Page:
Stefan Simonsen  /  AFP-Getty Images
This home in Barsinghausen, Germany, was among those damaged or destroyed in mid-January by the storm dubbed Kyrill. It was the most expensive natural disaster in the world last year, the reinsurer Munich Re reported.
updated 12/28/2007 10:26:55 AM ET 2007-12-28T15:26:55

Losses to insurers from natural disasters nearly doubled this year to just below $30 billion globally after an unusually quiet 2006, a leading reinsurer said Thursday, from winter storms in Europe, flooding in Britain and wildfires in the U.S.

Munich Re also warned that climate change could mean a growing number of weather-related catastrophes in coming years.

"The trend in respect of weather extremes shows that climate change is already taking effect and that more such extremes are to be expected in the future," board member Torsten Jeworrek said in a statement. "We should not be misled by the absence of megacatastrophes in 2007."

While losses soared in 2007, the figure was far short of the $99 billion Munich Re recorded in 2005 — when Hurricane Katrina slammed into New Orleans.

The world's second-largest reinsurer put total economic losses this year — which includes losses not covered by insurance — from natural disasters at $75 billion — a 50 percent increase from last year's $50 billion, but far below the 2005 figure of $220 billion.

The costliest disaster for insurers was a Jan. 18-19 winter storm, dubbed Kyrill in German-speaking countries, which killed 49 people, caused transportation havoc, damaged property and tore down power lines across a broad swath of northern Europe.

The storm resulted in insured losses of about $5.8 billion and total economic losses of some $10 billion, Munich Re said. Germany accounted for more than half the total.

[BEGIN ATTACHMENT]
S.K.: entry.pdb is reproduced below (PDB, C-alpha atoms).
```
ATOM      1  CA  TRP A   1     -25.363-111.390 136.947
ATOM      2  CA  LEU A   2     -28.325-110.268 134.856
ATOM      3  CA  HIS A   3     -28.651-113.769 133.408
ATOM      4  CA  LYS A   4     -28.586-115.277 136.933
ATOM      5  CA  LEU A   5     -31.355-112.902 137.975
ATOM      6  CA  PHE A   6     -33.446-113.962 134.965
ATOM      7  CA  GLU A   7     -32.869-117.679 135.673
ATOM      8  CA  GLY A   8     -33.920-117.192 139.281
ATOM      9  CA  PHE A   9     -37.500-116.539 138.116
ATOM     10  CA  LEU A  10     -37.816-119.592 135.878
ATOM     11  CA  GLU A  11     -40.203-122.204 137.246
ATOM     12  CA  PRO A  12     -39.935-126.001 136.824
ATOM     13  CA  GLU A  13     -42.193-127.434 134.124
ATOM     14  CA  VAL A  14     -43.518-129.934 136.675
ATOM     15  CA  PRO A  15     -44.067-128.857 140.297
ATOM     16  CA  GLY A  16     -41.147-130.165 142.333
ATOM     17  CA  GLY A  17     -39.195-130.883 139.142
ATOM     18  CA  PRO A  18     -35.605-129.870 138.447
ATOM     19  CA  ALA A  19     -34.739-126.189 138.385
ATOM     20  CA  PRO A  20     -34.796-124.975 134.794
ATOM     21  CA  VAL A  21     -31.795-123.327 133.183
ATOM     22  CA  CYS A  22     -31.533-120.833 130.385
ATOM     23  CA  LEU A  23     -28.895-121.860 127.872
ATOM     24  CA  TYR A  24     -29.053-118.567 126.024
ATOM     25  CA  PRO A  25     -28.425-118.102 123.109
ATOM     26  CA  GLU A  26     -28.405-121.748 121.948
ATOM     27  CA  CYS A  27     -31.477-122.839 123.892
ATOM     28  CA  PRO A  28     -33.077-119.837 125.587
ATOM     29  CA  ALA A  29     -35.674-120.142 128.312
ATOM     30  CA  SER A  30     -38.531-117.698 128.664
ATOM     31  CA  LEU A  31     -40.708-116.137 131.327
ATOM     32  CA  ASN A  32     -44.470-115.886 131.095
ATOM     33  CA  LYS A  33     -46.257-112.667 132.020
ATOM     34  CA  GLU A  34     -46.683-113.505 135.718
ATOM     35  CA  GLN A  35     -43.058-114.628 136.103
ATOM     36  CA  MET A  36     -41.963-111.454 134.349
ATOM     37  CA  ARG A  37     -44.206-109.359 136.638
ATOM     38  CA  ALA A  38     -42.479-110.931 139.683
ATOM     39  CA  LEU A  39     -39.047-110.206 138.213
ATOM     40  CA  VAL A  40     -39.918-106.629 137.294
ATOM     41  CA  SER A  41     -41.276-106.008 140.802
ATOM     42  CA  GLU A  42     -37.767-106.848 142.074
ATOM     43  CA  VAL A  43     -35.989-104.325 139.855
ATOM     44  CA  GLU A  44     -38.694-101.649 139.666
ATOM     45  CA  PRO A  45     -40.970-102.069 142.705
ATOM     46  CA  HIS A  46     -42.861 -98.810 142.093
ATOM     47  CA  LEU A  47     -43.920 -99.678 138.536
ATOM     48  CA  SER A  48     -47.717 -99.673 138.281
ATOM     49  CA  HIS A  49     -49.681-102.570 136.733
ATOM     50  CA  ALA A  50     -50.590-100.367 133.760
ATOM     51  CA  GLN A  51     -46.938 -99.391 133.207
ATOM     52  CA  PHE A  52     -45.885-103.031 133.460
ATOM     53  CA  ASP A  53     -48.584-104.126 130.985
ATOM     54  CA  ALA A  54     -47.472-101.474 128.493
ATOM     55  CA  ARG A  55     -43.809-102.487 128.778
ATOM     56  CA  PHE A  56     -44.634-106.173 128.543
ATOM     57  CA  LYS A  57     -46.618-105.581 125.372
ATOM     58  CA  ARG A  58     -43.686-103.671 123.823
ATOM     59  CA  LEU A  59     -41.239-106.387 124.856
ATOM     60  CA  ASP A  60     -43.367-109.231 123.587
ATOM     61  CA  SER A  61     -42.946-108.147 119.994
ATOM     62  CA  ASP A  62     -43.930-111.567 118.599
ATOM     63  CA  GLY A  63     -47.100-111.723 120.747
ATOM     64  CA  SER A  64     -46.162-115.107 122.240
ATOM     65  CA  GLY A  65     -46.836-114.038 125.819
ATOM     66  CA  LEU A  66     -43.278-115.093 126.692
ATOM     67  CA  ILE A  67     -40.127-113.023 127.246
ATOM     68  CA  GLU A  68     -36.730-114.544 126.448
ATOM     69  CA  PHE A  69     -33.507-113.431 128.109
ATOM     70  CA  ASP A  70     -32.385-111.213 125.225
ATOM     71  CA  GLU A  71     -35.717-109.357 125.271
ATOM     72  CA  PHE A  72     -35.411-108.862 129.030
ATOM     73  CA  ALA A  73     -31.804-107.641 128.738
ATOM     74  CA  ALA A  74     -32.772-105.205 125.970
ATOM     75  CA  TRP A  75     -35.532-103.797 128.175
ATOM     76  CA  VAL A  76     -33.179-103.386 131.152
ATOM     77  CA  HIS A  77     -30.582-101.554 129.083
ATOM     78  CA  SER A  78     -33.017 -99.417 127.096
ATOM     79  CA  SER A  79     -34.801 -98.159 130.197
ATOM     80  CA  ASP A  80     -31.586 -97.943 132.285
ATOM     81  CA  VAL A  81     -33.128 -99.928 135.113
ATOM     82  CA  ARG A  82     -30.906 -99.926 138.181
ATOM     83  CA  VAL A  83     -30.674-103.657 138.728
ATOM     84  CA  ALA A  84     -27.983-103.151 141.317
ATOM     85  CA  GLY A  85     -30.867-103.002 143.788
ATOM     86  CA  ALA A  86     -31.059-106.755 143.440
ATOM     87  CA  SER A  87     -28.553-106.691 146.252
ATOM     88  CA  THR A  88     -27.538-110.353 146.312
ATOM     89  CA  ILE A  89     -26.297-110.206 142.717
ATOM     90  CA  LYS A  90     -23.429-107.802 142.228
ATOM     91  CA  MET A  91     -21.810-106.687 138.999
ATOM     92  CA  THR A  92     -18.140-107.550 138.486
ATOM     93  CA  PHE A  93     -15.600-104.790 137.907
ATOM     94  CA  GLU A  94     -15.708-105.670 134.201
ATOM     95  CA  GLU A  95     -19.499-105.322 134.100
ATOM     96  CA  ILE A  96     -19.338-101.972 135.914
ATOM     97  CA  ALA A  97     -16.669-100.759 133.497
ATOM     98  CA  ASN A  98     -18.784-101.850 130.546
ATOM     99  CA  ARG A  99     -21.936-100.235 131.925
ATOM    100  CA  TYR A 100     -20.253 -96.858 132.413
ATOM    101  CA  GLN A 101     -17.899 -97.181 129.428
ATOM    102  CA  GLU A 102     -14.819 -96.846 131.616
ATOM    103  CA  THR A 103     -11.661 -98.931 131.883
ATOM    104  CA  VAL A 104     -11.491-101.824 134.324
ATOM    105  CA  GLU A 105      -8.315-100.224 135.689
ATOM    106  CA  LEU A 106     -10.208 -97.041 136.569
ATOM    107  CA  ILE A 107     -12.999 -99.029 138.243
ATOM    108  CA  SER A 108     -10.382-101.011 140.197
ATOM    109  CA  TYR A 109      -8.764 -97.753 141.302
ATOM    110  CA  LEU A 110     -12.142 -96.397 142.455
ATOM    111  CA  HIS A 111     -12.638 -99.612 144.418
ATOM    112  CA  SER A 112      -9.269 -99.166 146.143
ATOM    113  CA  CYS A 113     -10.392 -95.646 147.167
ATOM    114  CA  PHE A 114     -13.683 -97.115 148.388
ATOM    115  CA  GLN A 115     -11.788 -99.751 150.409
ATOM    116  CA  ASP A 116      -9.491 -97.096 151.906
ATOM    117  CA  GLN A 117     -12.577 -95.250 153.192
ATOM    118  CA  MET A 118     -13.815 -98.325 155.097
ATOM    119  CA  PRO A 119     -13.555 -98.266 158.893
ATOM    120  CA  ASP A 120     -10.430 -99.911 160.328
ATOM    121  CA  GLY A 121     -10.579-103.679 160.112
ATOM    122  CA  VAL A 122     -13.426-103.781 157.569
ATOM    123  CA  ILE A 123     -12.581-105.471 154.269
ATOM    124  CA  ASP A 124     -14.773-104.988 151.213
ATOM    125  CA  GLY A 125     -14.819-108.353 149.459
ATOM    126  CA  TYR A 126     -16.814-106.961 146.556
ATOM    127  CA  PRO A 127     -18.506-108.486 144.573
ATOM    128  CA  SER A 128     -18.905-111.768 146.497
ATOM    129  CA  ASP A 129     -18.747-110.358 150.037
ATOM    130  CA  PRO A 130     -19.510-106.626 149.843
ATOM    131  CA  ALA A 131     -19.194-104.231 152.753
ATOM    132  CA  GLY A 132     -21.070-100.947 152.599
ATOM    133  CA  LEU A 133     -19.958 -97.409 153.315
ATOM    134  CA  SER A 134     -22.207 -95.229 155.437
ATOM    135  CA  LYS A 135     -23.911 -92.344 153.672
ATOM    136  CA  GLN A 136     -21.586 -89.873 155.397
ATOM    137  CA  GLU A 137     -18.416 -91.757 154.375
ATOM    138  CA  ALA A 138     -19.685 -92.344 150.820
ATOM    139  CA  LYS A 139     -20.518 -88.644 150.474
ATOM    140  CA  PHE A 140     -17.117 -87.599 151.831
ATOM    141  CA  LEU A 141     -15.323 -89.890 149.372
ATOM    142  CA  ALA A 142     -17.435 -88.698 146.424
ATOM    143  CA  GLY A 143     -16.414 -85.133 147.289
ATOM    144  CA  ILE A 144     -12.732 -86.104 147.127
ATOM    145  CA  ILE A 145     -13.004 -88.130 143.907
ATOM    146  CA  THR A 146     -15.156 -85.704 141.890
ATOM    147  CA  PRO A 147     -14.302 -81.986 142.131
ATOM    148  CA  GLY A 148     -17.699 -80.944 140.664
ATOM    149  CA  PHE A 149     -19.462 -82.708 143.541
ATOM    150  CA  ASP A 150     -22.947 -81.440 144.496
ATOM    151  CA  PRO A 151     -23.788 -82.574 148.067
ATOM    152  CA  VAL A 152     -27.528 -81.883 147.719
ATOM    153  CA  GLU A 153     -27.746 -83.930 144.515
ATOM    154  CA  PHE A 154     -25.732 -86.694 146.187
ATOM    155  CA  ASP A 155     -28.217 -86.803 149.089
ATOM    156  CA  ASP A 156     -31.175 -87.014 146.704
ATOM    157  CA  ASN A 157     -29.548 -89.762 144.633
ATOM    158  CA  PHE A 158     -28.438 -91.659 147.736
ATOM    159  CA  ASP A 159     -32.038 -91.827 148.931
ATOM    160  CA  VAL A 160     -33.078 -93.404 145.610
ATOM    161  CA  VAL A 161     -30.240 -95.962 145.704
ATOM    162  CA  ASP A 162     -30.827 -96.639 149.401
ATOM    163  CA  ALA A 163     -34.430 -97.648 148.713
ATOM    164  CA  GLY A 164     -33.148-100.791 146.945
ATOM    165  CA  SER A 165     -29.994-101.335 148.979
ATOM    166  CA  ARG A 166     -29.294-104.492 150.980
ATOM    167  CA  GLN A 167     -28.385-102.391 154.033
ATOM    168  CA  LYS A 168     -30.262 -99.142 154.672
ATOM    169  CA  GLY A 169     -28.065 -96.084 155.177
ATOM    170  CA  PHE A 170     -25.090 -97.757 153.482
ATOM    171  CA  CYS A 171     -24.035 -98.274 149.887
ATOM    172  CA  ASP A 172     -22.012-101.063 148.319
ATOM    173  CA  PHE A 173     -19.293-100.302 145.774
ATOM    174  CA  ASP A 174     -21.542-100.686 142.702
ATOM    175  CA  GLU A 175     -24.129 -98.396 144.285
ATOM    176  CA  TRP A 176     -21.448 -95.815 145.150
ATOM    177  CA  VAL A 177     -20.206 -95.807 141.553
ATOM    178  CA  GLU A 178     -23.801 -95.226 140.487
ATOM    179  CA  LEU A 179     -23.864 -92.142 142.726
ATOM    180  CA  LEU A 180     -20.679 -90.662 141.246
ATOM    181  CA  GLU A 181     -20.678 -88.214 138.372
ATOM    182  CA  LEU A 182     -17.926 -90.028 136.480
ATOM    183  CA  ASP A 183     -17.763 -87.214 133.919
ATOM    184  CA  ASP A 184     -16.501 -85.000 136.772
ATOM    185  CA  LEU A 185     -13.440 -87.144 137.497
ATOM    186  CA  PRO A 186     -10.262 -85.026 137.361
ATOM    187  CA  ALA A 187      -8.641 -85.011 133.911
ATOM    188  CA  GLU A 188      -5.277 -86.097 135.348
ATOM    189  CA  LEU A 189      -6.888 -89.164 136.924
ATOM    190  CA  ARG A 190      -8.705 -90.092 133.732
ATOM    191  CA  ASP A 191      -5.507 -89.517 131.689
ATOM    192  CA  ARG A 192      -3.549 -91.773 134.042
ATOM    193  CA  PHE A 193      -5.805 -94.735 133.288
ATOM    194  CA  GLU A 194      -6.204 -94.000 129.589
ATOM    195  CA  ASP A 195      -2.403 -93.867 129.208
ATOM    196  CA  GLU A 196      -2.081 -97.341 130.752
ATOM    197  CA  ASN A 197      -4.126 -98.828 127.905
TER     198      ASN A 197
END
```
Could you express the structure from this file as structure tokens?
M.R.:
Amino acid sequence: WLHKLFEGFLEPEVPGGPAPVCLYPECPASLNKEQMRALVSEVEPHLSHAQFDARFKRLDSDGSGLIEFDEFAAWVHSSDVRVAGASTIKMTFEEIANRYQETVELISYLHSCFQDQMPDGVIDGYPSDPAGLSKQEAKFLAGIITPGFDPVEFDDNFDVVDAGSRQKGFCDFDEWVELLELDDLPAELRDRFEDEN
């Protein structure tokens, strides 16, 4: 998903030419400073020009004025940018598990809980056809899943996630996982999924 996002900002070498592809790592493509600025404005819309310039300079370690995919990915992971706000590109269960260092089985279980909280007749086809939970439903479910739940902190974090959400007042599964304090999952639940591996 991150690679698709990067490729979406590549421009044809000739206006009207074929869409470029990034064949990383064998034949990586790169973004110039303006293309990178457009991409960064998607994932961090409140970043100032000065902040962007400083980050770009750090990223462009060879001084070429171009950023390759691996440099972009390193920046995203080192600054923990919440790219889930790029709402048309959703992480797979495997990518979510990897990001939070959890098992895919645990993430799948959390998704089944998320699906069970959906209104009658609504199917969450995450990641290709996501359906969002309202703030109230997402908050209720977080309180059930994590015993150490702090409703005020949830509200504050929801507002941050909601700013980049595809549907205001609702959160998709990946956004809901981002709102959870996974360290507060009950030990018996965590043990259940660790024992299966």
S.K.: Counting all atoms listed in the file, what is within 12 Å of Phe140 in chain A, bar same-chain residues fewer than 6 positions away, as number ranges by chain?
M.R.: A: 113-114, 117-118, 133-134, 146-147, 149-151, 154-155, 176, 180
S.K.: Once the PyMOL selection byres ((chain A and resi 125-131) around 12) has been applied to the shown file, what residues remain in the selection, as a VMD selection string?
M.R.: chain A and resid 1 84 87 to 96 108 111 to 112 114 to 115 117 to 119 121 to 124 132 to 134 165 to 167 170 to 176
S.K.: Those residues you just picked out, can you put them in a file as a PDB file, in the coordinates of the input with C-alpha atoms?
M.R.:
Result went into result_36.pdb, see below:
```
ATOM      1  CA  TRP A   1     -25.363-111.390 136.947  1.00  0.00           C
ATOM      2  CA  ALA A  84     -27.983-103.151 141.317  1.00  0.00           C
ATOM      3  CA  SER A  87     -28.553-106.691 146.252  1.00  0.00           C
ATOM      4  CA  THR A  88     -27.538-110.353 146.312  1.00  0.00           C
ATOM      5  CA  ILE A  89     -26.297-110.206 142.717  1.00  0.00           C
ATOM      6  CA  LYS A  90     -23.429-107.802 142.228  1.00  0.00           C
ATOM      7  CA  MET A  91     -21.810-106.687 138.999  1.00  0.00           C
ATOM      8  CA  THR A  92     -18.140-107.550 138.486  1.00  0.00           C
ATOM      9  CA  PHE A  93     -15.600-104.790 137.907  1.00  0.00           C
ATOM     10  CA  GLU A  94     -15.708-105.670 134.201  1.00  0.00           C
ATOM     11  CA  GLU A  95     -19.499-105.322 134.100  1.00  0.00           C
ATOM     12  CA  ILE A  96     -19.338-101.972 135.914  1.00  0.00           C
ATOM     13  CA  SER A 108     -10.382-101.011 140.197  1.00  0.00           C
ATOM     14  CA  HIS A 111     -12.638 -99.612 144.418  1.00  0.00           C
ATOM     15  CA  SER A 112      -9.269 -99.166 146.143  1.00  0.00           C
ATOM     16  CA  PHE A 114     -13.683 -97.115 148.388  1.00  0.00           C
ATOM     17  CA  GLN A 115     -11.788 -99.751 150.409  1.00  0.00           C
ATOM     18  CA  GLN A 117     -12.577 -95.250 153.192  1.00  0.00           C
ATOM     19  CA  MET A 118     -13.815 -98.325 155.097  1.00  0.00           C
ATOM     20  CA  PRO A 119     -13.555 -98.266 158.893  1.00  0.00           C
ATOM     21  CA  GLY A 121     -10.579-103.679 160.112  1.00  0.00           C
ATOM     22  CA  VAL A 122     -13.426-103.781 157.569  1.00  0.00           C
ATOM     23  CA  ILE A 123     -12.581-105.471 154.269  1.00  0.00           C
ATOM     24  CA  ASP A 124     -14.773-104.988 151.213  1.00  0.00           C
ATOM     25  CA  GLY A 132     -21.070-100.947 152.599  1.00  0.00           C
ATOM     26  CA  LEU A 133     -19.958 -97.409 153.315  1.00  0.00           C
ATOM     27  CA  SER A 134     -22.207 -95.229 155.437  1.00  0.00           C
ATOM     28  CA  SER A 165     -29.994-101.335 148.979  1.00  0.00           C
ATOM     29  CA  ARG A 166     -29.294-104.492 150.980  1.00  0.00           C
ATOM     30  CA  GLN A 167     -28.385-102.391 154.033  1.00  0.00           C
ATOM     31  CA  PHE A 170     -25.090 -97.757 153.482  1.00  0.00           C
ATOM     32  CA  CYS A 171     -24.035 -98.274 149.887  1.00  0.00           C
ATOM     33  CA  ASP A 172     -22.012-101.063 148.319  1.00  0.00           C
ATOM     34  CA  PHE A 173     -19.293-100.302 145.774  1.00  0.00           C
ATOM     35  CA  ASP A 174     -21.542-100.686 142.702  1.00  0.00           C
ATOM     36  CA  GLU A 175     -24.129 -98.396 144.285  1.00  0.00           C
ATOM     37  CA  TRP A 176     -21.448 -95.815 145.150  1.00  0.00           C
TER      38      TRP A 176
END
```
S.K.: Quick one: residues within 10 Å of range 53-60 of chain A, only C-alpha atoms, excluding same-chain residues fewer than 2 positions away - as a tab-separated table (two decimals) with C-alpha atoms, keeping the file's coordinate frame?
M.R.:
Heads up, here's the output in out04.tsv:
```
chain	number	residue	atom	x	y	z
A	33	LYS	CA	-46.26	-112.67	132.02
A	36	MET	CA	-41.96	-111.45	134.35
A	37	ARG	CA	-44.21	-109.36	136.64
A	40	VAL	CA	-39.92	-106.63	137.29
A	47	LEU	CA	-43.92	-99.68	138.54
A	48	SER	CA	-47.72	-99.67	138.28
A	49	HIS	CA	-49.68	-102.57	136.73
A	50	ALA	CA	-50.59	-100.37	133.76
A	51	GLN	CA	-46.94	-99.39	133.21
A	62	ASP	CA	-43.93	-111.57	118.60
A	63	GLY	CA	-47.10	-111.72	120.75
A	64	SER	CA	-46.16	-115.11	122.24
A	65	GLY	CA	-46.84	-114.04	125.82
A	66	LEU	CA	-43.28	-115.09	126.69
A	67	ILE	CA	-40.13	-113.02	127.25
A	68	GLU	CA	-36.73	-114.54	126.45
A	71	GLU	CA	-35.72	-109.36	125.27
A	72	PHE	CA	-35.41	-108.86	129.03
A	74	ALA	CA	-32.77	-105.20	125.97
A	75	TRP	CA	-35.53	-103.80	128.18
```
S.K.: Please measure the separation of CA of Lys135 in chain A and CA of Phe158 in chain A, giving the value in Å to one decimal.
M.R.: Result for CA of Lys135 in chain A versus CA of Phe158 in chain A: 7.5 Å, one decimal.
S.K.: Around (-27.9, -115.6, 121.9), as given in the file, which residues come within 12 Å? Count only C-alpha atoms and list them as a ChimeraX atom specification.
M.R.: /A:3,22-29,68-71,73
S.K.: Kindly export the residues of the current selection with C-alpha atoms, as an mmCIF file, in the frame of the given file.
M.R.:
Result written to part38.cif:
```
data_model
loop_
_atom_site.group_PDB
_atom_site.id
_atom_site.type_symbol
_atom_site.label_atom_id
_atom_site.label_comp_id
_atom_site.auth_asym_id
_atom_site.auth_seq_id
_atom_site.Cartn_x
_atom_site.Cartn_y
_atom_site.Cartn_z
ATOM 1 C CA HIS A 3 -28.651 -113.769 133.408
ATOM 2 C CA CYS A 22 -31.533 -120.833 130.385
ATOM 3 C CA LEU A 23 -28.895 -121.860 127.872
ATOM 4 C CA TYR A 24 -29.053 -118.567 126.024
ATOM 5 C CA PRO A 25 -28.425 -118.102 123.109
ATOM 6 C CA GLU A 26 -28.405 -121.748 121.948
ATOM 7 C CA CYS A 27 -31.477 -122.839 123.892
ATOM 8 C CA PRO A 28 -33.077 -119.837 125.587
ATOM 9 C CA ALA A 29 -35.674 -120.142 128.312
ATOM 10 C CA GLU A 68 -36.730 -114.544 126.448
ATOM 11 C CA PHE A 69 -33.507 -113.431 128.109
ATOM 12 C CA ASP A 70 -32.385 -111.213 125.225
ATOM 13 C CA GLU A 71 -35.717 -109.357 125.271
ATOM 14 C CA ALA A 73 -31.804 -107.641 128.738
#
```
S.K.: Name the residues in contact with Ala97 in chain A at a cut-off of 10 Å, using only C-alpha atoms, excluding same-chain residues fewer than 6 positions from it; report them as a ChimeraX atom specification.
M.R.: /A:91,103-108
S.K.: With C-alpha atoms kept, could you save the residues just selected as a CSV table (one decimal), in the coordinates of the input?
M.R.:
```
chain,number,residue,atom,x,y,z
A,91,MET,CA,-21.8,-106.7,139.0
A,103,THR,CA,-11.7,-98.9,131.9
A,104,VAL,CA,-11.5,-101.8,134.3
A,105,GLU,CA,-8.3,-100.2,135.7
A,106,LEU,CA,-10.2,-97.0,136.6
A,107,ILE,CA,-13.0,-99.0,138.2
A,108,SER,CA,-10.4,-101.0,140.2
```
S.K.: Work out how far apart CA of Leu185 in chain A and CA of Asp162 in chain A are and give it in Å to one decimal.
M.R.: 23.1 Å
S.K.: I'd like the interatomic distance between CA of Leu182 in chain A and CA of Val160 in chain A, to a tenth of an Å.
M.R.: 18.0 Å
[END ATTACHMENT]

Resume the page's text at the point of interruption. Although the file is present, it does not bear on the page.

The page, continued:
Two bouts of flooding in Britain, in June and July, each led to insured losses of some $3 billion and total economic losses of $4 billion, Munich Re said.

Wildfires in the United States in October caused insured losses of $1.9 billion, while a mid-April U.S. winter storm resulted in losses of $1.57 billion, the company said.

This year's costliest Caribbean storm, August's deadly Hurricane Dean, placed seventh overall, with insured losses of $1 billion.

"The relatively low losses can be explained by the tracks of the hurricanes _ no major hurricanes reaching the US mainland, as in 2006," Munich Re said in a statement.

Munich Re said the year's deadliest natural disasters by far were November's tropical cyclone Sidr in Bangladesh, which killed some 3,300 people; and flooding in South Asia from July to September, which accounted for 3,000 lives. Neither ranked among the year's 10 costliest in terms of insured losses.

The company said that, in all, 950 natural disasters were recorded this year — up from 850 last year, and the highest figure since the company started keeping systematic records in 1974.

"All the facts indicate that losses caused by weather-related natural catastrophes will continue to rise," Munich Re's Jeworrek said.

Jeworrek said his company was "ready to deal with this," but noted that higher insurance premiums and tax-financed infrastructure repairs would result in higher costs for society as a whole, and said that "speedy international action is needed."

Munich Re is a reinsurer, meaning it offers backup policies to companies writing primary insurance policies. Reinsurance helps spread risk so that the system can handle large losses from natural disasters.

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